Bridging Finance: We still have access to lending markets

bridging blog

Despite all that is happening to the commercial finance market in recent weeks, Try Financial is committed, as always, to finding the right lending solutions for our clients.

While some lenders understandably have left the market temporarily, we continue to be able to access funds for Bridging Finance from a significant number of our lending panel providers.

For example: we are able to access deals from one of our panel of lenders under the following criteria:

  • Loans up to 62.5% LTV with a Desktop Evaluation
  • First charge unregulated bridging loans
  • Residential property
  • Coverage across England and Wales
  • Loans of £200,000 - £4,000,000 (£2m net per property)
  • Rate from 0.59%
  • Early repayment rebate
  • 12 - 14 month terms

What is a Residential Bridging Loan?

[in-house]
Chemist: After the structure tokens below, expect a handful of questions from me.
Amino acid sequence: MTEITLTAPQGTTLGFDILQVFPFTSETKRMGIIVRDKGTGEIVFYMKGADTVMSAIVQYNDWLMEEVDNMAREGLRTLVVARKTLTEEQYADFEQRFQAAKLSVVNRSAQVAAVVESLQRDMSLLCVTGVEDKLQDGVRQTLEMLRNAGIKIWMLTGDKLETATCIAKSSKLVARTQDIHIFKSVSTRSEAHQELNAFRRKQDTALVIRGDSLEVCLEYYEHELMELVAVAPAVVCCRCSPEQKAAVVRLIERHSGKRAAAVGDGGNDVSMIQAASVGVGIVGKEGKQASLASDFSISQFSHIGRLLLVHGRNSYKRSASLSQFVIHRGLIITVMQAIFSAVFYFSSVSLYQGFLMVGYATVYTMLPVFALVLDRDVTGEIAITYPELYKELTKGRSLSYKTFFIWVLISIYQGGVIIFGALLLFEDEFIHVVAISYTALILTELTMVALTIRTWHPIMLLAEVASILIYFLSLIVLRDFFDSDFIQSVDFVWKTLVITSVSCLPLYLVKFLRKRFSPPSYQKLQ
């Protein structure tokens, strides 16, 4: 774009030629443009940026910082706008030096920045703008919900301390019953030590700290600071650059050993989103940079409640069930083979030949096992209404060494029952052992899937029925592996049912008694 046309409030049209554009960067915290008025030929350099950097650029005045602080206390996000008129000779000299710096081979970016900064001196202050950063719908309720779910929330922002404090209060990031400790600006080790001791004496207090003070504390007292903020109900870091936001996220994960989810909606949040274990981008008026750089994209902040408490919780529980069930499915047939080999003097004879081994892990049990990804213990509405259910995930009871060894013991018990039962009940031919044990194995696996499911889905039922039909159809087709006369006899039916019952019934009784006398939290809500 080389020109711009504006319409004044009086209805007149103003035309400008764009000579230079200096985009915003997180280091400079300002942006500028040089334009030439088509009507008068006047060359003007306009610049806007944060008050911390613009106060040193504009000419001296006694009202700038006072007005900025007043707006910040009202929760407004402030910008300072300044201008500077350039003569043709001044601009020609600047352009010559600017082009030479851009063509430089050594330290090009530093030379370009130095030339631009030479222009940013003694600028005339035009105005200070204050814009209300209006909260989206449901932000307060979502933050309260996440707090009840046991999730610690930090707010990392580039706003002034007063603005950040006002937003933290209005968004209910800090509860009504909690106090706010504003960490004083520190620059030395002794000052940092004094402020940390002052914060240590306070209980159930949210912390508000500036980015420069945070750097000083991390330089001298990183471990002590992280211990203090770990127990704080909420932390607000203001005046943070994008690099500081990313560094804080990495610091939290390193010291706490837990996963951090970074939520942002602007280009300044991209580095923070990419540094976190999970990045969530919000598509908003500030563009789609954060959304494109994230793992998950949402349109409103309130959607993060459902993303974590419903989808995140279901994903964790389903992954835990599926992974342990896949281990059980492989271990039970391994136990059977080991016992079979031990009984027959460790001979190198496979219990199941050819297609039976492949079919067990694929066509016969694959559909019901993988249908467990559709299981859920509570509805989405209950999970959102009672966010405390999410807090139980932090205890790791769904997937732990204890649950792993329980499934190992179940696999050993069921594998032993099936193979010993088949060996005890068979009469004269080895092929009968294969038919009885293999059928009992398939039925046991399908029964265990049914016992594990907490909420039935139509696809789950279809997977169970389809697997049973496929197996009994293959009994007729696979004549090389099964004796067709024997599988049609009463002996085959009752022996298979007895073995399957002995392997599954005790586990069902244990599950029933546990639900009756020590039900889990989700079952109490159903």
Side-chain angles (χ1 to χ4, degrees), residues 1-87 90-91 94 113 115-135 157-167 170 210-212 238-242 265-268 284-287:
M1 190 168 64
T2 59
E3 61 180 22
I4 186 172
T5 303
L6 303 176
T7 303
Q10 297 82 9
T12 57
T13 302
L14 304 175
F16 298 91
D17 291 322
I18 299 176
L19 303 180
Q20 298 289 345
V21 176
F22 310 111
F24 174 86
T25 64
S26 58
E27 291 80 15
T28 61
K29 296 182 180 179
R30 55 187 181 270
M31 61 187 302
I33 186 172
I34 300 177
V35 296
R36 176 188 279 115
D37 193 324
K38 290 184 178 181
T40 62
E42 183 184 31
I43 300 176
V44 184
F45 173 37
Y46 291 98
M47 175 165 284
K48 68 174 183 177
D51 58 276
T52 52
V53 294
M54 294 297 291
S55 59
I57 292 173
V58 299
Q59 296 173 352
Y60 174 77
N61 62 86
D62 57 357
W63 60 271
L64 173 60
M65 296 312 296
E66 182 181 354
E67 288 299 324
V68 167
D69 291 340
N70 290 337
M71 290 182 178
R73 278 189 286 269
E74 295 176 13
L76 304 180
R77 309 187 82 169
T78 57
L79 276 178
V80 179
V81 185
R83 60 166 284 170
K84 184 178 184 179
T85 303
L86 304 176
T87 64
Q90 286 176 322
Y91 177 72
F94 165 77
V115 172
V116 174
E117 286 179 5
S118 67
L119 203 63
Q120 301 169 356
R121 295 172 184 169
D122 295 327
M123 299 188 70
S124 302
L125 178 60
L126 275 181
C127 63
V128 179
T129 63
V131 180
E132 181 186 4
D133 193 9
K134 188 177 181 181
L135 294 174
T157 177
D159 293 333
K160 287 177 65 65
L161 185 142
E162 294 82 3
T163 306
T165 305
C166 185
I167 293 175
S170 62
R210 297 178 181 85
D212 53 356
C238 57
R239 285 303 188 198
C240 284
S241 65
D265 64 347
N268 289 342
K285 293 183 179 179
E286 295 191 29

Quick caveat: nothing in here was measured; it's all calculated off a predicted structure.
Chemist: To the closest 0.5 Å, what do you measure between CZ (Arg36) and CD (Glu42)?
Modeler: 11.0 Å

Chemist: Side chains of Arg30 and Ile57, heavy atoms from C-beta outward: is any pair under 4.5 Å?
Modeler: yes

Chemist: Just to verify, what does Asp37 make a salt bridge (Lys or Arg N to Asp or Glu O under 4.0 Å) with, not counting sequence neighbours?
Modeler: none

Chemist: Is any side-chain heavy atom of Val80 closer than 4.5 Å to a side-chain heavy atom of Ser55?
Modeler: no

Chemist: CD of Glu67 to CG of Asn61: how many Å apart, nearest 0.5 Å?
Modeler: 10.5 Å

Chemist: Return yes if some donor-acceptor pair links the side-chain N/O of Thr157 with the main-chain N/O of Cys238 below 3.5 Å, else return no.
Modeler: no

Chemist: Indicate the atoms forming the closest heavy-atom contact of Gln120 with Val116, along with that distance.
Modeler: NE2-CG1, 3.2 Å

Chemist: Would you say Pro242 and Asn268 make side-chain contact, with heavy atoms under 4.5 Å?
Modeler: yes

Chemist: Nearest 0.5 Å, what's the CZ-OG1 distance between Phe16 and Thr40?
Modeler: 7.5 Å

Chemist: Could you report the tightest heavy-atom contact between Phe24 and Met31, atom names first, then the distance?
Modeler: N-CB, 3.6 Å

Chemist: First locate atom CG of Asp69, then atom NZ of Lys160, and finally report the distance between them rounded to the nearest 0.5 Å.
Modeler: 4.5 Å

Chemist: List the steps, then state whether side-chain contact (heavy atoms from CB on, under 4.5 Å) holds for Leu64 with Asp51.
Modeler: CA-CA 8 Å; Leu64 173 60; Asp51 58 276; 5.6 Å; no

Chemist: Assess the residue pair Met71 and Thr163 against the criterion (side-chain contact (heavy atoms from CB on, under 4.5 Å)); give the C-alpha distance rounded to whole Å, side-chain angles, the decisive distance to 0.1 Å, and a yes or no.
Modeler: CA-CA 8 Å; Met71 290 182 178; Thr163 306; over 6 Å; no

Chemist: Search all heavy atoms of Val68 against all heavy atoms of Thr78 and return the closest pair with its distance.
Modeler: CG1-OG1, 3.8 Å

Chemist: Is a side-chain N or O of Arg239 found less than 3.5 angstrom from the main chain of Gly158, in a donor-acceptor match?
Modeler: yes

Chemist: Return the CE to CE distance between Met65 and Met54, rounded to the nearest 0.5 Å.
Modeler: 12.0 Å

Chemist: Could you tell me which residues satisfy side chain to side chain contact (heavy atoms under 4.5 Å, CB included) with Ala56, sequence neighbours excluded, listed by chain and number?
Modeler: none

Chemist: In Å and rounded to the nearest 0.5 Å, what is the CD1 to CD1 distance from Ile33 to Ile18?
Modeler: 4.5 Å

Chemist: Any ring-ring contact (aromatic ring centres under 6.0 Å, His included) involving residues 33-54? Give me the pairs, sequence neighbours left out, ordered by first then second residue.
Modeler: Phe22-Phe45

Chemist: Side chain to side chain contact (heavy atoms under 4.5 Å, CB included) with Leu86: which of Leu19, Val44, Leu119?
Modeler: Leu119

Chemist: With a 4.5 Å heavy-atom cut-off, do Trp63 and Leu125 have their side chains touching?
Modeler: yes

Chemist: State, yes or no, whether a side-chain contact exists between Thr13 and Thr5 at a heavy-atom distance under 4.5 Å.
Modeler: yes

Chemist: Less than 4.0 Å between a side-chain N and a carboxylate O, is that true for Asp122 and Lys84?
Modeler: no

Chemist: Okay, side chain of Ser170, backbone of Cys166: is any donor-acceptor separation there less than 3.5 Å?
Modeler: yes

Residential bridging loans are short term, interest-only loans generally used to help you meet a pressing financial need when dealing in the property market.

Applications are often decided on the value of the property and your exit strategy, more than your ability to meet payments.

When would you typically need it?

  • Broken property chains. When a buyer pulls out, your offer on your next home and the deposit can be put in jeopardy. A Bridging Loan can tide you over until your home is back on the market and under offer once again
  • Buying a second property before selling the first
  • Short lease. It could also be used if, for example, you wanted to buy a property with a short lease. You could use the Bridging Loan to buy the property, then add value by extending the lease. This would provide a valid exit strategy
  • Refurbishment projects. You can use it a Residential Bridging Loan to refurbish a property before full capital is available

Get in touch with the team at Try Financial on 01473 462288 or email us on enquiries@tryfinancial.co.uk to see how we can help.

Think carefully before securing other debts against your home. Your home may be repossessed if you do not keep up repayments on a mortgage or any other debt secured on it.